I knew that this Friday was going to be a hectic one, but I think now it has gotten away from me. Tonight we are having a "friend party" for my five (soon to be six) year old. This will entail my wife and I managing a pack of preschool girls for about two and a half hours at the park. I'll be grilling hot dogs and trying to prevent anyone from getting their teeth knocked out hitting the pinata. Pray for sun because we have no backup plan right now. Yeah, you read that right. I'm crazy.

Enjoy the week's news.

  • I want to lead off with a passionate blog post from a friend of mine named Aaron Brown. He writes the Minnesota Brown blog and, while we have actually never met in person (hope that changes soon), we've spoken on the phone, emailed each other a lot and been on the air together on KAXE. What I enjoy most about Aaron is that, while we may disagree on politics, he is intellectually honest. You'll see in his post that his passion for his community is pushing him to speak out for systematic change. It as an example I wish we were all courageous enough to emulate in the places we love. And if you are interested, here is some Aaron Brown talking about applying Strong Towns principles (not his words, but mine) to Minnesota's Iron Range.

"As long as people hold back, whether realistically or irrationally, or rationally,' Lawrence Yun says, "then naturally there will be too much supply in relation to the demand, and that could lead to some over-correction in home prices in some markets."

  • You have to check out the graphic on this NY Times opinion blog about the creative economy in the Rust Belt. If you watched that video of Aaron Brown above or read our post last week on Richard Florida, you are hearing the themes expressed in that opinion piece: our way out of this recession is by empowering the most creative elements in our society.

For decades, people like Mr. Destito — young, skilled, motivated — were exactly the sort who left Rust Belt cities like Syracuse. But recently, in numbers not yet statistically measurable but clearly evident at the ground level, they’ve been coming back to the city, first as a trickle, and now by the hundreds. In some ways it’s a part of the natural ebb and flow of urban demographics. But it is also the result of a new attitude among the city’s leadership, one that admits the failure of the re-industrialization efforts of the last decades and instead invents ways to attract new types of residents and keep current ones from leaving. Call it urban renewal 2.0, gentrification on a citywide scale.

  • This week Tom Friedman had a solid opinion piece hitting on Ben Bernanke's weird statement that things are "unusually uncertain." I hear a lot of political junkies say they don't like Friedman. We love him.

America’s two big parties still cling to their core religious beliefs as if nothing has changed. Republicans try to undermine the president at every turn and offer their nostrum of tax-cuts-will-solve-everything — without ever specifying what services they’ll give up to pay for them. Mr. Obama gave us expanded health care before expanding the economic pie to sustain it.

You still don’t sense our politicians are saying, “Wait a minute; stop everything; we have got to work together.” Don’t these people have 401k plans of their own and kids worried about jobs?

  • Speaking of Friedman, here is an idea he suggested in his latest book Hot, Flat and Crowded that is so simple and obvious that it is maddening. Electric companies are in the business of providing energy - why does that need to simply mean power plants and wires? Leasing solar equipment to customers makes everyone better off. Decentralized energy production is the future of energy. We need to change the system of regulations and incentives that prevent programs like these from being the norm.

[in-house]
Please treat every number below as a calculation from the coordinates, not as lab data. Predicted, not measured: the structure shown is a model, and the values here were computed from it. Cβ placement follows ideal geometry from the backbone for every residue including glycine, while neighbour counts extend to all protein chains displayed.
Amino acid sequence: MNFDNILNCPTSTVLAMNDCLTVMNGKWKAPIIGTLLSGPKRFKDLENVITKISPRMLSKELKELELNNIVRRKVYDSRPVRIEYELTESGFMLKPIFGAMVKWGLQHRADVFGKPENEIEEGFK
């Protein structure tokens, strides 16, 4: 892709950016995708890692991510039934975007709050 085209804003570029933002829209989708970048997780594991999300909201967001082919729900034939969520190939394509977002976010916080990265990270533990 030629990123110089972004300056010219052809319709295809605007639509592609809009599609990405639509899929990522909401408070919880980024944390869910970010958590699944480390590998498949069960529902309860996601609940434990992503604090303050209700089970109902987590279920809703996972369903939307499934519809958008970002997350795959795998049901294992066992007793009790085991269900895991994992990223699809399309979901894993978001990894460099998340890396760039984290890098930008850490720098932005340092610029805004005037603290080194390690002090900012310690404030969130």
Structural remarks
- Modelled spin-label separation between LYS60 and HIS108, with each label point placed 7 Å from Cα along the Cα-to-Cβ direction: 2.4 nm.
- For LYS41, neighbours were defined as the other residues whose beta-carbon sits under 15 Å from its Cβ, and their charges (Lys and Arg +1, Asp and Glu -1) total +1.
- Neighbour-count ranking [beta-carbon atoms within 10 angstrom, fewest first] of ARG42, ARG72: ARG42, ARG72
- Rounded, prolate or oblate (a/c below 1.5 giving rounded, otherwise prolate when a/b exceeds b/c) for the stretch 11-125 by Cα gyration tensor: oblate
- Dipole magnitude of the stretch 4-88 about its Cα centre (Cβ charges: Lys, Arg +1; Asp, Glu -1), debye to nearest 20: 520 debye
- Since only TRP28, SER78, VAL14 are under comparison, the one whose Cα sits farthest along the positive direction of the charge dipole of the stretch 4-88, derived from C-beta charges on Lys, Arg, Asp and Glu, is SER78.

Leasing — common in the car business — is almost unknown in the solar industry. Only a couple of solar-system installers across the country offer it on a regular basis for systems that use photovoltaic or PV cells to make electricity, according to the Solar Energy Industries Association.

"It's a great way for homeowners who otherwise wouldn't be able due to the upfront costs (to) install solar PV systems," SEIA spokesman Jared Blanton said. "Leasing and other innovative financing options are a big reason that the residential solar market has grown so much in the last couple years."

Solarflow Energy, a small Minneapolis installer of solar-energy systems, has the state's only solar lease program.

  • I LOVE when cities apply technology to their planning processes. Here is an example of a community generating ideas online for their master plan, then using a voting system to identify those with the greatest support. And Beth Noveck, author of Wiki Government, gives a great overview of how technology can, and needs to, transform our public decision-making processes.

The Internet enables a new kind of equality of power that allows us to think about how we can reengineer our institutions - not simply for the sake of talk, but as a means to an end of achieving things in the world better, faster, and in new and creative ways to attack the complex problems that we confront.

  • Finally, because it is my blog, I am going to reminisce a little about the day six years ago when I met a little girl that changed my life in ways I never could have imagined. I did not know I was capable of such joy from her smiles, such sorrow with her pain and such love towards anyone. Having grown up on a farm with a house full of men, I never dreamed that Fridays at home putting ribbons in her hair, playing dolls, reading Fancy Nancy books and dancing in the living room would always be the happiest day of the week. I call her my padawan, but it is she that teaches me every day how to be a better man. Happy birthday, Chloe.

 

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